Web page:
But every player in the squad grew in experience, and many made massive strides. Of the youngsters, editorial gold stars for particular brilliance go to Andrew Kelly, Simon Cross, Hugo, Ali Hogg, Ali Kellock, Tom Philip, Matt Dey, and Ander Monro, with Ali Strokosch making a late run for honours. Of the grizzled veterans, Joel Brannigan's much-improved scrummaging rightly earned him a call-up to the national squad, as did Jackie Joiner's quietly effective play in the centre. And there were gasps of amazement and widespread requests for sharp pinches across the District when Derrick Lee's usual sparkling form was, for once, actually recognised by selection for the national squad.

While Gunners fans will be fervently hoping that the vast bulk of the squad will remain intact for next term, nevertheless, the end of the season brings the end of several illustrious careers:

Marty Leslie left us late last year, despite Edinburgh Rugby's efforts to sign him up for the Six Nations period. Those who followed the club in its earlier incarnations will know just how important he was in setting the foundations for the success that we are beginning to enjoy; on some occasions winning games virtually single-handedly. The twitching in sympathy during the World Cup has been criticised. But you always knew that when Marty was twitching, he was up for it. Invariably that involved a touch of skulduggery, the winding up of the enemy, and a high class performance in the back row. He will be much missed.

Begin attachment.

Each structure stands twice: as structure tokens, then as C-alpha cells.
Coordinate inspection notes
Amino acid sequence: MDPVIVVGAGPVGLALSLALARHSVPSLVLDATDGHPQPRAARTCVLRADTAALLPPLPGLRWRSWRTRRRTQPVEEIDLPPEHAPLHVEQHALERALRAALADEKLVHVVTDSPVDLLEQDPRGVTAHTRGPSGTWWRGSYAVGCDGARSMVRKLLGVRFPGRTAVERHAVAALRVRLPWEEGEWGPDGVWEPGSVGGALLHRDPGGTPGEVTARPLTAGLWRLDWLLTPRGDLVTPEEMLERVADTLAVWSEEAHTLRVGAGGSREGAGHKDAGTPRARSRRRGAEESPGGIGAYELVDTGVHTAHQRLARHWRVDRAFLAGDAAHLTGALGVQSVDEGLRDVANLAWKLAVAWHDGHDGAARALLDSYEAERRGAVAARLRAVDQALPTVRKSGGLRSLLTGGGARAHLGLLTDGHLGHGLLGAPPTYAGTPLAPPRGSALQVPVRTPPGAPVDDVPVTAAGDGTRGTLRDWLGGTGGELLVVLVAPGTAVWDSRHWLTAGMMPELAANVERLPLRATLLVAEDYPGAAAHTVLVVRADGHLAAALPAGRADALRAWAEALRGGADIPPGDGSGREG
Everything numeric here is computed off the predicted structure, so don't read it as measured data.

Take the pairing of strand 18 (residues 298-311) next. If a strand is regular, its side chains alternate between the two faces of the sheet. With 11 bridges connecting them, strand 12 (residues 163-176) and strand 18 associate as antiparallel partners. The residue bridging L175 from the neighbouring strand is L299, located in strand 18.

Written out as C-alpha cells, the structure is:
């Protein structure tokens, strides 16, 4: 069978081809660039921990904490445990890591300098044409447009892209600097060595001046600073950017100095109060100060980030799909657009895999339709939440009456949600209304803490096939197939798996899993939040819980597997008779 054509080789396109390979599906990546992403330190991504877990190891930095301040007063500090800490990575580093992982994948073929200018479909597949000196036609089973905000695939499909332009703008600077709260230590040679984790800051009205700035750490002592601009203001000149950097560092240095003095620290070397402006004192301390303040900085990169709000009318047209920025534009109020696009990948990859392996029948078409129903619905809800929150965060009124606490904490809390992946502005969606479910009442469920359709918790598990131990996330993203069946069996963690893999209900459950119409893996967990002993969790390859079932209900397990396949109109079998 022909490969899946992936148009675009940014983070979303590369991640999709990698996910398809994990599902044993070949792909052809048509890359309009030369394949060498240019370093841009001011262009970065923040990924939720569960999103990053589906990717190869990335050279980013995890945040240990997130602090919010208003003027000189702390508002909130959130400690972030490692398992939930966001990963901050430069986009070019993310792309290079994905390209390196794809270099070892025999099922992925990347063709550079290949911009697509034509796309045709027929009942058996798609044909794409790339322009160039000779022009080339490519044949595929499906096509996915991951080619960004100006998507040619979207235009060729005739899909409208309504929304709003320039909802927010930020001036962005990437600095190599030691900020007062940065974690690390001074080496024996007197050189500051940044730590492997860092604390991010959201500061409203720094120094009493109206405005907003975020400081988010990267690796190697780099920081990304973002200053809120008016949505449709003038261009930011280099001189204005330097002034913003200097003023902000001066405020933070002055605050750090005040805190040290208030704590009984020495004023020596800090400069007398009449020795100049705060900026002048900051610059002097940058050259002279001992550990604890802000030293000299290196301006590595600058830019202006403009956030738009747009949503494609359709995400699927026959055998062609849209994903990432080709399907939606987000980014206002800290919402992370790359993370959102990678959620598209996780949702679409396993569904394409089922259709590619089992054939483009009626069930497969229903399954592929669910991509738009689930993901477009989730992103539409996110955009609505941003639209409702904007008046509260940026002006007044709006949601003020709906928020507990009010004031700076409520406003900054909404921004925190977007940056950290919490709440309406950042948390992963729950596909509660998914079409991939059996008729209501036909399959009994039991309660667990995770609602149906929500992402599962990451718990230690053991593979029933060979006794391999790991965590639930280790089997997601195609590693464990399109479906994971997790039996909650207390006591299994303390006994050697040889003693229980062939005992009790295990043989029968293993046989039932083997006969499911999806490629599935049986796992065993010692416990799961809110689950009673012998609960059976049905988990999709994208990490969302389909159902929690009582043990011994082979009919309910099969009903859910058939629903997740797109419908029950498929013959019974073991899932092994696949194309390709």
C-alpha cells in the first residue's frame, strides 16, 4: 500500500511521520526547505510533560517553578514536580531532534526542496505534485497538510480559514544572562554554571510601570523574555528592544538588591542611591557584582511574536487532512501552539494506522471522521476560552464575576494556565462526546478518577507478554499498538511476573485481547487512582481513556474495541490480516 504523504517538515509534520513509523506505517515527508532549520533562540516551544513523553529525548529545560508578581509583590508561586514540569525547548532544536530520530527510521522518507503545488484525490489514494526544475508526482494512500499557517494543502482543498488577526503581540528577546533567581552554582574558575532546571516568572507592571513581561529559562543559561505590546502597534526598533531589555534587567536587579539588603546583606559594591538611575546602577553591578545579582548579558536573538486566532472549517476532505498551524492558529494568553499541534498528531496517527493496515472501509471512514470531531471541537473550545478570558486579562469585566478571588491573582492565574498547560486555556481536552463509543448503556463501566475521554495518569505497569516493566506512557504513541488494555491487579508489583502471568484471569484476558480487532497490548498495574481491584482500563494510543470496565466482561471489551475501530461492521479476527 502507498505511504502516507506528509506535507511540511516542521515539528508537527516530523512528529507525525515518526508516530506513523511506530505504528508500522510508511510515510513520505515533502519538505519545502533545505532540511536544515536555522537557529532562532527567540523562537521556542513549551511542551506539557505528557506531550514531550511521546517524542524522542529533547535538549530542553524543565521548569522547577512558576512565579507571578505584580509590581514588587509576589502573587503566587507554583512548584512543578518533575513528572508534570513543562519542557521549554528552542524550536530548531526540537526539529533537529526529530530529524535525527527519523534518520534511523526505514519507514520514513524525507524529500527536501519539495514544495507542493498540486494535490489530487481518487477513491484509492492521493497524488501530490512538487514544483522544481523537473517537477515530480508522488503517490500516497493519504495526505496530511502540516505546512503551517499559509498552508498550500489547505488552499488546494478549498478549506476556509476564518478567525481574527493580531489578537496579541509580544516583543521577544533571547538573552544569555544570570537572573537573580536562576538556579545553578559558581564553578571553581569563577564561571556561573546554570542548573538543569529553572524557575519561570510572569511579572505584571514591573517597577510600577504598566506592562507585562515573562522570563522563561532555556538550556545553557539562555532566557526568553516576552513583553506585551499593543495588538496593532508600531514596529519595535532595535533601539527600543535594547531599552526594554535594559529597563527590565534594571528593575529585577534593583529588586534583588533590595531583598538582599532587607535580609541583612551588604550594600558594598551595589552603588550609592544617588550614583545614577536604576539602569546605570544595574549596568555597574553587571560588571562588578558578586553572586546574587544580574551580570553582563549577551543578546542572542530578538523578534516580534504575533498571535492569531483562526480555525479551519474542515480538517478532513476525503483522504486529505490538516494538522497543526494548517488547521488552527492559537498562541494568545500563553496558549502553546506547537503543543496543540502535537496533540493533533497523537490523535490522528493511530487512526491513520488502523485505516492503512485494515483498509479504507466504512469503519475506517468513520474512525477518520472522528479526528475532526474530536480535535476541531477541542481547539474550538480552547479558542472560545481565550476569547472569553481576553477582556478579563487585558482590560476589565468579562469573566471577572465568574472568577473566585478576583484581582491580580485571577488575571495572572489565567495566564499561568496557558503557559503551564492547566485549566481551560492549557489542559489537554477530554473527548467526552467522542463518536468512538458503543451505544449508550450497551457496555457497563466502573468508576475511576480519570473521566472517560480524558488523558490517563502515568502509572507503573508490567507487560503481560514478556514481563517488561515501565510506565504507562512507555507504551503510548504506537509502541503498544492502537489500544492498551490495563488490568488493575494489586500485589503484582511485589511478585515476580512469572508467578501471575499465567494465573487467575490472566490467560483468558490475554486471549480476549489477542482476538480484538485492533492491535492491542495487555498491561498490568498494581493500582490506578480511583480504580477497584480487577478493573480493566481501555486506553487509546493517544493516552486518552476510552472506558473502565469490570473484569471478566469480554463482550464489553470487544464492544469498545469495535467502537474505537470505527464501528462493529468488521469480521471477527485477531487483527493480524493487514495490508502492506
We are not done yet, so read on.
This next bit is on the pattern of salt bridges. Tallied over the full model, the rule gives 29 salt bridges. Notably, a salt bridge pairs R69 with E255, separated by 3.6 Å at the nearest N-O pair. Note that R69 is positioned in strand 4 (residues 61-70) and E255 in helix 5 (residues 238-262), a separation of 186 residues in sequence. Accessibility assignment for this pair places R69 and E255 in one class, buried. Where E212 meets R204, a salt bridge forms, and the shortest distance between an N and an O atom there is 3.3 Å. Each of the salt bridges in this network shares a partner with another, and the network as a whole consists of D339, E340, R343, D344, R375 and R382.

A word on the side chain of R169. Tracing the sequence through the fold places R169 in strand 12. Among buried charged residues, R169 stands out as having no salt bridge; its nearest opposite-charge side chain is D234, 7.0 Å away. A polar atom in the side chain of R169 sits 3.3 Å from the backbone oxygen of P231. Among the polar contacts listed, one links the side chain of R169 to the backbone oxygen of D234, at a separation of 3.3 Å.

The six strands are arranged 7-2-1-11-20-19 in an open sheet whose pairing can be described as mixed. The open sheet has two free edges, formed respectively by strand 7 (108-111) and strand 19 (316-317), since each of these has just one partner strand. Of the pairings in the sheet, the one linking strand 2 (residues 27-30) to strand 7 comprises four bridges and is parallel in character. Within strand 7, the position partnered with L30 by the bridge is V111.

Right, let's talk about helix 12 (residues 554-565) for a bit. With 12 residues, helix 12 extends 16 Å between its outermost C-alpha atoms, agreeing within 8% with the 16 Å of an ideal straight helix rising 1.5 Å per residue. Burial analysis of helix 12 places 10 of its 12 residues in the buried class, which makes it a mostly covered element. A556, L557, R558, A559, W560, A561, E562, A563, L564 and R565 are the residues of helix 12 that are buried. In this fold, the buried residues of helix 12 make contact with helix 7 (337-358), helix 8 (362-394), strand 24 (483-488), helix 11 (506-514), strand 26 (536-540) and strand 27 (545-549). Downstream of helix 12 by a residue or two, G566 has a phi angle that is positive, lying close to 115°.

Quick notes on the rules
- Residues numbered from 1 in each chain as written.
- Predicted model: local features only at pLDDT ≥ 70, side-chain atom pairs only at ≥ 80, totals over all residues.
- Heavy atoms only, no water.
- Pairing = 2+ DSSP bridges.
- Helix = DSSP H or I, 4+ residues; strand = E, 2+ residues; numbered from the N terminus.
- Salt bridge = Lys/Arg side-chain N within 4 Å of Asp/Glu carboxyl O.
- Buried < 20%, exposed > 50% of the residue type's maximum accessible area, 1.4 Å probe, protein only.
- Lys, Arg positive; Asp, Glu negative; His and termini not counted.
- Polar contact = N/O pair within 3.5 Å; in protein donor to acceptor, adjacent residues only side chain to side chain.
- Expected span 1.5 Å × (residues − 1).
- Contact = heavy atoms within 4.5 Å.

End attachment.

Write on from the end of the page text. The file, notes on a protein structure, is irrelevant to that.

Equally, Graeme Burns has been around since the game went open, and has been a great servant to the club. Another internationalist and thoroughly nice guy, his slick service and tactical kicking were particular features of his game. Happily, his experience seems likely to be put to good use in a coaching and outreach role with the club.

The Supporters' Club is now working on plans for next season, and hopes to keep the social momentum going through the summer. Get in touch through if you would like to get involved. In the meantime, enjoy your summer, and we will see you for what is now the traditional season curtain-raiser at the Mansell Cup at Goldenacre in August. The foundations are being laid on and off the field for future success. Be part of the team.